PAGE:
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Study Links Propecia to Depression, Suicidal Thoughts


August 7, 2012 — A new study published in the Journal of Clinical Psychiatry highlights the link between Propecia (finasteride), a popular treatment for male-pattern baldness, and the risk of depression. Furthermore, the study suggests that at least some men who suffer this side effect have very severe depressive symptoms and they may become suicidal.

Dr. Irwig, an assistant professor of medicine at George Washington University, recruited 61 men with male-pattern baldness who had used Propecia (finasteride) and then suffered sexual side effects for at least three months.

Most of the men were recruited from an online forum for men suffering Propecia side effects. The results of this study may not fairly represent all men who take Propecia — because Dr. Irwig selected his subjects from a pool of men who sought help online because they were suffering severe Propecia side effects, the study has a very strong sample bias. Dr. Irwig has also recruited men from this forum to publish studies linking Propecia to persistent, and perhaps permanent sexual dysfunction.

Dr. Irwig interviewed the men and found that they were otherwise healthy before they started Propecia, with normal sexual function and no abnormal psychiatric conditions. He also interviewed a control group of 29 men who had male-pattern baldness but did not take Propecia. None of the men in the study had a history of psychiatric conditions or medications.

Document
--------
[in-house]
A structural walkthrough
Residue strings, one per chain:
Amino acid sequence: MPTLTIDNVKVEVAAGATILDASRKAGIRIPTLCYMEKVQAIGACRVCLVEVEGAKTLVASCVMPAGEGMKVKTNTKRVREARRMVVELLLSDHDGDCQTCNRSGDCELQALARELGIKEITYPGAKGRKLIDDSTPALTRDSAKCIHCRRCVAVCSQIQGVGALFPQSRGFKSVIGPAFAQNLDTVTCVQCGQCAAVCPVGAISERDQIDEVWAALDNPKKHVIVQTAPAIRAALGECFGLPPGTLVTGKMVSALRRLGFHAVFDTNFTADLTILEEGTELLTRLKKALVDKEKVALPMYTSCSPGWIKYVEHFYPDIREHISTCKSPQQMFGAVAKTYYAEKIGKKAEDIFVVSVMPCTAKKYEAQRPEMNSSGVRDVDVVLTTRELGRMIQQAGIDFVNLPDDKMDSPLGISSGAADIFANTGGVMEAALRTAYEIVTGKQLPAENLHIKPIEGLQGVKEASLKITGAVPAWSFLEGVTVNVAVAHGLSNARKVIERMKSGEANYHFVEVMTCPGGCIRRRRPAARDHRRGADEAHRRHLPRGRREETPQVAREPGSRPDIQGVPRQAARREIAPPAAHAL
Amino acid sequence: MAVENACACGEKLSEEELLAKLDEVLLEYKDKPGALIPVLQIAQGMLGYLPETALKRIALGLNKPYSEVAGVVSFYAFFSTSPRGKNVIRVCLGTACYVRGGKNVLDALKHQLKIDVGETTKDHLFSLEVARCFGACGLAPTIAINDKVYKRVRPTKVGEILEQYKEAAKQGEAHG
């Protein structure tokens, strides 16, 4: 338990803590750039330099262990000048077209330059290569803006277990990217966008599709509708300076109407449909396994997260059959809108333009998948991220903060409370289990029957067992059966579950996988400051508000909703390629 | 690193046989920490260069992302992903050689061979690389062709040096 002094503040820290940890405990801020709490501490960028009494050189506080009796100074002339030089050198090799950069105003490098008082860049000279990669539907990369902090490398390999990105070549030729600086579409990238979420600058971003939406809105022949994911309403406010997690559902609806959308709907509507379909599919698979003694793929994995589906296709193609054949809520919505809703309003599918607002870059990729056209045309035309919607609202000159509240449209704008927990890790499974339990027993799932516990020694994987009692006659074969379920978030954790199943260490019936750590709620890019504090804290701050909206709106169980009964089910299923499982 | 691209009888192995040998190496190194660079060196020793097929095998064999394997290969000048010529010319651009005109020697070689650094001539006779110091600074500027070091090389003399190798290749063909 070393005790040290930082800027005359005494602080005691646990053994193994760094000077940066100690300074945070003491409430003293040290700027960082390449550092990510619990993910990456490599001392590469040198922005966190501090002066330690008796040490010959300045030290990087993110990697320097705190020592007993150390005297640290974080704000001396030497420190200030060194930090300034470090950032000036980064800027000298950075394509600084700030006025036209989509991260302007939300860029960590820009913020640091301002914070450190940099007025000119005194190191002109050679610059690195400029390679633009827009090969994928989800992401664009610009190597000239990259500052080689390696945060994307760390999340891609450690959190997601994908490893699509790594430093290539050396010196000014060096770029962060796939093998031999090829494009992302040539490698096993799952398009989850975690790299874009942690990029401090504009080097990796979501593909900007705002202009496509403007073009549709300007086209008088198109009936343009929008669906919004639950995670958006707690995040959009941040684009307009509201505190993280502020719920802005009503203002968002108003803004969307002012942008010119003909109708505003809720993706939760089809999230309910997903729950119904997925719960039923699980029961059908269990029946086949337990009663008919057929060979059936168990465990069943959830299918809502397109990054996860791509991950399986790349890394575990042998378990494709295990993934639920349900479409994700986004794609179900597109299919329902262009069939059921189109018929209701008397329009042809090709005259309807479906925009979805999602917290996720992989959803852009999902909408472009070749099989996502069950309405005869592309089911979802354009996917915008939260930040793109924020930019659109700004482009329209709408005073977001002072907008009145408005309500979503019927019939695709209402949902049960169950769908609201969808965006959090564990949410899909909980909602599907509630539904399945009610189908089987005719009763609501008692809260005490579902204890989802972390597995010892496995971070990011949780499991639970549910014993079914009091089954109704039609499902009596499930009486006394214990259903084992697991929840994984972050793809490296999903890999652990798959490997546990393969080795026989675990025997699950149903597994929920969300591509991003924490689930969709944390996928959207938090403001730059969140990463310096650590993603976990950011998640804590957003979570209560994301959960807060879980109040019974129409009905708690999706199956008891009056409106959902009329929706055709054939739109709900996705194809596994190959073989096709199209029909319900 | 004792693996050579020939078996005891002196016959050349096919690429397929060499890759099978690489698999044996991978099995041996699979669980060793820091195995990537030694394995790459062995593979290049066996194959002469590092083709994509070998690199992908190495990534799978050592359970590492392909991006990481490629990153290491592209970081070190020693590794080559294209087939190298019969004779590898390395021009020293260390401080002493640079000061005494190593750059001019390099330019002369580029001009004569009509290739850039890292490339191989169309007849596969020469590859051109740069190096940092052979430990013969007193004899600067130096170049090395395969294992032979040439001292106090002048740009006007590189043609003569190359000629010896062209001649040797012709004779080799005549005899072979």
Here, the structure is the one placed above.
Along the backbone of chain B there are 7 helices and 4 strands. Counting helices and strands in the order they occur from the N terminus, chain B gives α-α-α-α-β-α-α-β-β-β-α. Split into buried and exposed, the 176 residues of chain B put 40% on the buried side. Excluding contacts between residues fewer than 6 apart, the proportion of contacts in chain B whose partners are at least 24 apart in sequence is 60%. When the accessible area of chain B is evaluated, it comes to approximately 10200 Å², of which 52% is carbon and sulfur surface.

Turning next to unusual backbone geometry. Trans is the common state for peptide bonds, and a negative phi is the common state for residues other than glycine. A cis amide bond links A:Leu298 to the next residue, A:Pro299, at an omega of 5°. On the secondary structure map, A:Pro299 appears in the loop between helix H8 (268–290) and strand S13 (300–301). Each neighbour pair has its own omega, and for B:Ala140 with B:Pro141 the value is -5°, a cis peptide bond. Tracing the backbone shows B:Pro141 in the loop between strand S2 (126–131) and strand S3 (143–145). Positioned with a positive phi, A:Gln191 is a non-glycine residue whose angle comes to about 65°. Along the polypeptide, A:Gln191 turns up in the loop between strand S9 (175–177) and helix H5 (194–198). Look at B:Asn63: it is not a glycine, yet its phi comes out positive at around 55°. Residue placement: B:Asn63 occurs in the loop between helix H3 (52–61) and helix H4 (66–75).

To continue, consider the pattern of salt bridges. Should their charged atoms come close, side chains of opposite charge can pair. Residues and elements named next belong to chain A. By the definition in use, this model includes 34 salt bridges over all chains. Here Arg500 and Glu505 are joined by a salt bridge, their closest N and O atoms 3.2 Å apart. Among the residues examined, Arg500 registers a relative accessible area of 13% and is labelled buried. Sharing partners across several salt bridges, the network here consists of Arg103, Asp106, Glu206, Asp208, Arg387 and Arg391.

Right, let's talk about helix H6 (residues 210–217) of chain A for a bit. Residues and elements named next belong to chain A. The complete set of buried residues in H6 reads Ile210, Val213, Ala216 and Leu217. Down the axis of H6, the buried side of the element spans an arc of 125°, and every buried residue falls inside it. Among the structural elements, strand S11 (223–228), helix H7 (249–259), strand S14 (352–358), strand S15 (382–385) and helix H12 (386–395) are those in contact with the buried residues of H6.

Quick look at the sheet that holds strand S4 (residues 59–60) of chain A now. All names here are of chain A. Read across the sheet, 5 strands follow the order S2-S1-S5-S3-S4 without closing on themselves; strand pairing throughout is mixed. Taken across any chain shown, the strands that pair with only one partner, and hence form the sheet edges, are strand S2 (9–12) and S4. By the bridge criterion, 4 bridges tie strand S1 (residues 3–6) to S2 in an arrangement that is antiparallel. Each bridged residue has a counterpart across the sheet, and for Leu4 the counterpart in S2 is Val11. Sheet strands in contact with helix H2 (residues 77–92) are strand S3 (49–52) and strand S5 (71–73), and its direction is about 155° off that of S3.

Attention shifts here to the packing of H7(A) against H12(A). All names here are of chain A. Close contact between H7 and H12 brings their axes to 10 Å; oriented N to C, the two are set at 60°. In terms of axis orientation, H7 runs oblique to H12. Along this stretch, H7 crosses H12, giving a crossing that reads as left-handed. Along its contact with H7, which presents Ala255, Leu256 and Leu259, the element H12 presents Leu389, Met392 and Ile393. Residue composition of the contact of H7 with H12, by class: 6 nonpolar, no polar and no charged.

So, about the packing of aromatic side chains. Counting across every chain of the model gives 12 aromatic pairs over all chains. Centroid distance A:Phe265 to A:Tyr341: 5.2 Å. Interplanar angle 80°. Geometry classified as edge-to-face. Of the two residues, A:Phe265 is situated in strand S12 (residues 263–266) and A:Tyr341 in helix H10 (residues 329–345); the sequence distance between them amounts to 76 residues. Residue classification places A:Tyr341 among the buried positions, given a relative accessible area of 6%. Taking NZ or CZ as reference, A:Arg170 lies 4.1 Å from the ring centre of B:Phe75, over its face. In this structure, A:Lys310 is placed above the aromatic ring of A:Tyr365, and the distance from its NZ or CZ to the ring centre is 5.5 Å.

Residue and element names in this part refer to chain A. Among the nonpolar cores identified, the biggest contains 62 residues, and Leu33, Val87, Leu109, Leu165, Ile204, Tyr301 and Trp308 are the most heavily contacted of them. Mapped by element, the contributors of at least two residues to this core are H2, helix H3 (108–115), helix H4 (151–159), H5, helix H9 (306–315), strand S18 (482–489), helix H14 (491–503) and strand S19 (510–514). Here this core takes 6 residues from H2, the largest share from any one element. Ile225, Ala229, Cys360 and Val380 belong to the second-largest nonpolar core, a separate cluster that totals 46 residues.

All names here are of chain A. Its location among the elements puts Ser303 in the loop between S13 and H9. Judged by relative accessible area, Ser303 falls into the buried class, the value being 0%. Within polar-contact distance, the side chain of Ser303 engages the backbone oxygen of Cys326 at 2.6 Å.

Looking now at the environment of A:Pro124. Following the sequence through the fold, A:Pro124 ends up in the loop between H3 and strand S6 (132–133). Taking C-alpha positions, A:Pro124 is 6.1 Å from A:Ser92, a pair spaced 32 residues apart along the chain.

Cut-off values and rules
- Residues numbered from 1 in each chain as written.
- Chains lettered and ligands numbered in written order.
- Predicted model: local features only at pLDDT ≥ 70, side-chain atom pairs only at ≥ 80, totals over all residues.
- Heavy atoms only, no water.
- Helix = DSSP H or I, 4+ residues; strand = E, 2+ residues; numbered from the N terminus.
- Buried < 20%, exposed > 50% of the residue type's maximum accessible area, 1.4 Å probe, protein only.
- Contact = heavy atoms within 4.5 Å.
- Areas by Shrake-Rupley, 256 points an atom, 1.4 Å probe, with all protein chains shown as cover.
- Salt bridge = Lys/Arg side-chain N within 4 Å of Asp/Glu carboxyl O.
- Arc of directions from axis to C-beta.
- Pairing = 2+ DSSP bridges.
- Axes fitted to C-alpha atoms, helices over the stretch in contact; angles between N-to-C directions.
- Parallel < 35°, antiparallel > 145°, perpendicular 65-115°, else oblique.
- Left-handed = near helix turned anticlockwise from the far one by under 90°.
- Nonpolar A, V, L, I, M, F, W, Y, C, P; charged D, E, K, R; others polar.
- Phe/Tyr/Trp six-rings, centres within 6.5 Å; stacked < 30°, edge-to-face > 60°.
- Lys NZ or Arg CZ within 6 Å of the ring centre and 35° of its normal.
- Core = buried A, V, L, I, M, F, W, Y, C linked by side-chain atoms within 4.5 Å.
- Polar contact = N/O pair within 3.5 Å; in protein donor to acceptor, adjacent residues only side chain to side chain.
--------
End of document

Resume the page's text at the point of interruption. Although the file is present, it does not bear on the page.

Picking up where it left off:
Dr. Irwig found that the majority of Propecia users who had at least three months of sexual dysfunction also had symptoms of depression — 11% had mild symptoms, 28% had moderate symptoms, and 36% had severe symptoms. Suicidal thoughts were reported by 44% of the men. In the control group, 10% of men had mild depressive symptoms, there were no cases of moderate or severe depression, and 3% reported suicidal thoughts.

According to Dr. Irwig, “The potential life-threatening side effects associated with finasteride should prompt clinicians to have serious discussions with their patients. The preliminary findings from this study warrant further research.”

In 2010, the label on Propecia was changed to include the risk of depression as a side effect. Dr. Irwig’s study highlights that depression is a serious illness that can be life-threatening, and clinicians should not ignore this side effect when they are informing their patients of the risks of taking Propecia, a cosmetic medication. The study also suggests that, at least in some cases, the depression may be very serious.


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